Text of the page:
The Double Dose-consortium aims to unravel the mechanism by which cardiomyopathy-causing mutations lead to ultrastructural changes in cardiomyocytes. The consortium is led by prof. dr. Jolanda van der Velden and prof. dr. Rudolf de Boer and combines experts in preclinical research, clinical genetics, health technology assessment and clinical researchers with a strong clinical focus on cardiomyopathy in children and adults.
Health care problem: Mutations in genes encoding the key components of the cardiac muscle cause diseases referred to as cardiomyopathies. Since the genetic defect is inheritable, cardiomyopathies affect several members of a family and may strike at a young age. Thereby, inherited cardiomyopathies pose an enormous economic and societal burden. The identification of the underlying gene defect early on may allow for the timely application of preventive and curative therapies. However, inherited cardiomyopathies are characterized by extreme clinical heterogeneity in their presentation. The mutation alone is not sufficient to predict clinical course. Recent research showed that cardiomyopathy-mutations induce metabolic stress and that secondary metabolic stress, such as obesity accelerates disease progression. This has led to the Double Dose hypothesis that metabolic stress represents the central pathomechanism of early and late cardiac dysfunction in inherited cardiac disease. Therapeutically targeting this may prevent or cure cardiomyopathies. Linking clinical data, patient samples and our experimental models we will define the mechanism of how obesity and muscle adiposity cause vascular and cardiac muscle dysfunction in mutation carriers. We will also unravel the mechanism by which cardiomyopathy-causing mutations lead to ultrastructural changes in cardiomyocytes. These changes cause impaired metabolism, contraction and relaxation defects, and disturbed communication with other cells in the heart.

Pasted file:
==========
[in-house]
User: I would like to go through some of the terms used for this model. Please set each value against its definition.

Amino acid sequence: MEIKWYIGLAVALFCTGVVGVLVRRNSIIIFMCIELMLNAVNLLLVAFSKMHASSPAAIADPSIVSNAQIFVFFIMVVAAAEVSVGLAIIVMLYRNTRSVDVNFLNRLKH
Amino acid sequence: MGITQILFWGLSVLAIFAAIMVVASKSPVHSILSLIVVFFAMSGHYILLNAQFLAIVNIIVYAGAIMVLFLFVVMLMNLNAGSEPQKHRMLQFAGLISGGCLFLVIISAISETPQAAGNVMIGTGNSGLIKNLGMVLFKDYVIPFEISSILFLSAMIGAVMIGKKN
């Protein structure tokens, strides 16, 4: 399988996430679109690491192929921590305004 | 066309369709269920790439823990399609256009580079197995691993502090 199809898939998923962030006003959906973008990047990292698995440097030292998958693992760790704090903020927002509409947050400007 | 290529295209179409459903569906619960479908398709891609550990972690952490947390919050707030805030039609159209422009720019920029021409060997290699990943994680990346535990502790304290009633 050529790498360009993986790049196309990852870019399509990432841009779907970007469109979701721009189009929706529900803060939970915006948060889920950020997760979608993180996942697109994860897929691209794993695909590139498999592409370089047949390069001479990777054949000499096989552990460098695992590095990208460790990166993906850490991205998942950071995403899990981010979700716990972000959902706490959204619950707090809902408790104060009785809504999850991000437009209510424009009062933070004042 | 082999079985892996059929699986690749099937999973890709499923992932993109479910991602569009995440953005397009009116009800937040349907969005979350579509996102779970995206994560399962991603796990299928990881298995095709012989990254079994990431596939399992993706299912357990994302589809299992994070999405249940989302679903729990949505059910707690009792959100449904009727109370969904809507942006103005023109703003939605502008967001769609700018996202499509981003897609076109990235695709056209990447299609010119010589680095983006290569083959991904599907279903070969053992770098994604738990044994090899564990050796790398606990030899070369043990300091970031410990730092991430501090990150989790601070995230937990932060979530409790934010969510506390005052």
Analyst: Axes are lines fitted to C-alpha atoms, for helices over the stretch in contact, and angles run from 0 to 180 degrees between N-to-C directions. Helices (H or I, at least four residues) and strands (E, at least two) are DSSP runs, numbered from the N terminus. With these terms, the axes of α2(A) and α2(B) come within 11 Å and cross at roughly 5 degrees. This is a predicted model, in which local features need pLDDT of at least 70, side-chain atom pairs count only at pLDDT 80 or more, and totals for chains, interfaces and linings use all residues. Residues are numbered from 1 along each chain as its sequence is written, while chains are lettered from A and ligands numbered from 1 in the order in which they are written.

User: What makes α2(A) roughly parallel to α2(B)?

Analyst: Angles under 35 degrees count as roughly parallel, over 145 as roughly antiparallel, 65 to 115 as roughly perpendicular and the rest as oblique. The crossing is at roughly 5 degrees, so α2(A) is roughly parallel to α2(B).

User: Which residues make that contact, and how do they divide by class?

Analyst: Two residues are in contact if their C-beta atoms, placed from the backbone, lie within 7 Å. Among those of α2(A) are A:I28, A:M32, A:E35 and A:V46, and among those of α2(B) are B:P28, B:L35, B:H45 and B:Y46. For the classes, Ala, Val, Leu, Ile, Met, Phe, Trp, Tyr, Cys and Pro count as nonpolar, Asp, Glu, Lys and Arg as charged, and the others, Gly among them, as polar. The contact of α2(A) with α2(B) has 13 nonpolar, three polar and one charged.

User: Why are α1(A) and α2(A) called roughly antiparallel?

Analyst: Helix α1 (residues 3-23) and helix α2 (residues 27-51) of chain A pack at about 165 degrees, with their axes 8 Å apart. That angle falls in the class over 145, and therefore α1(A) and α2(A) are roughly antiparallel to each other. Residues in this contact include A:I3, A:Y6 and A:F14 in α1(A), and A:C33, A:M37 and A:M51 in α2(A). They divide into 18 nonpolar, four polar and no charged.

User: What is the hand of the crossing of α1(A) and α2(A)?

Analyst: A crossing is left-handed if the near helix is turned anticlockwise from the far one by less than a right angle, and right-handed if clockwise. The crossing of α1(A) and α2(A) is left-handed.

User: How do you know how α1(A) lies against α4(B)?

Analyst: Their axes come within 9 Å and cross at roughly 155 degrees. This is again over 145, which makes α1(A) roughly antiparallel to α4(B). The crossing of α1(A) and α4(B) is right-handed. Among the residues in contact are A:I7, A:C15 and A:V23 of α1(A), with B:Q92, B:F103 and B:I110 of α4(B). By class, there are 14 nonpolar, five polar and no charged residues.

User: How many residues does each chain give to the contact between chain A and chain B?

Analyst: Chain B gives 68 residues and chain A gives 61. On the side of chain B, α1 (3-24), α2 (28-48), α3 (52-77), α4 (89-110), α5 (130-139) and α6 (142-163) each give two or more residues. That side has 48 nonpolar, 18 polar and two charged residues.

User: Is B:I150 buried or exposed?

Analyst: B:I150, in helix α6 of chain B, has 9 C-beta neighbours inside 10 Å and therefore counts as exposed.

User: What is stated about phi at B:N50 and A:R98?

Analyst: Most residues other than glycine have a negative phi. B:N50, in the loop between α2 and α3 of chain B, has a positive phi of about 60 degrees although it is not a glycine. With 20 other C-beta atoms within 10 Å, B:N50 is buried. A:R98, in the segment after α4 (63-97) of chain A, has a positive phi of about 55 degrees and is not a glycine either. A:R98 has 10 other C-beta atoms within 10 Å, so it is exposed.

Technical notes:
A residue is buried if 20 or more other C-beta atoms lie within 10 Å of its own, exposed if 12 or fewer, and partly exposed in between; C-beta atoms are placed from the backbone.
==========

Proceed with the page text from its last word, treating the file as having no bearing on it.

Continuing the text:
Strength of biobanks & patient cohorts: Making use of our extensive patient cohorts and the findings from Dosis and we will optimize care for cardiomyopathy patients. We will quantify the cost-effectiveness of current diagnostics and clinical care from both patient and societal perspective. Furthermore, we will translate our findings that metabolic alterations are central to cardiomyopathies, by initiating at least one clinical trial based on treatment(s) that reduce metabolic stress. The Double Dose program will establish serum, tissue and iPSC-CMs biobanks from a large set of cardiomyopathy patients. We will provide mechanistic pre-clinical and clinical insight into the link between metabolic stress and cardiomyopathy pathophysiology, and translate these findings to optimize diagnosis and care of cardiomyopathy patients.
The Double Dose program is financed by the Netherlands Heart Foundation and Stichting Hartedroom. Our consortium combines experts in preclinical research, clinical genetics, health technology assessment and clinical researchers with a strong clinical focus on cardiomyopathy in children and adults.
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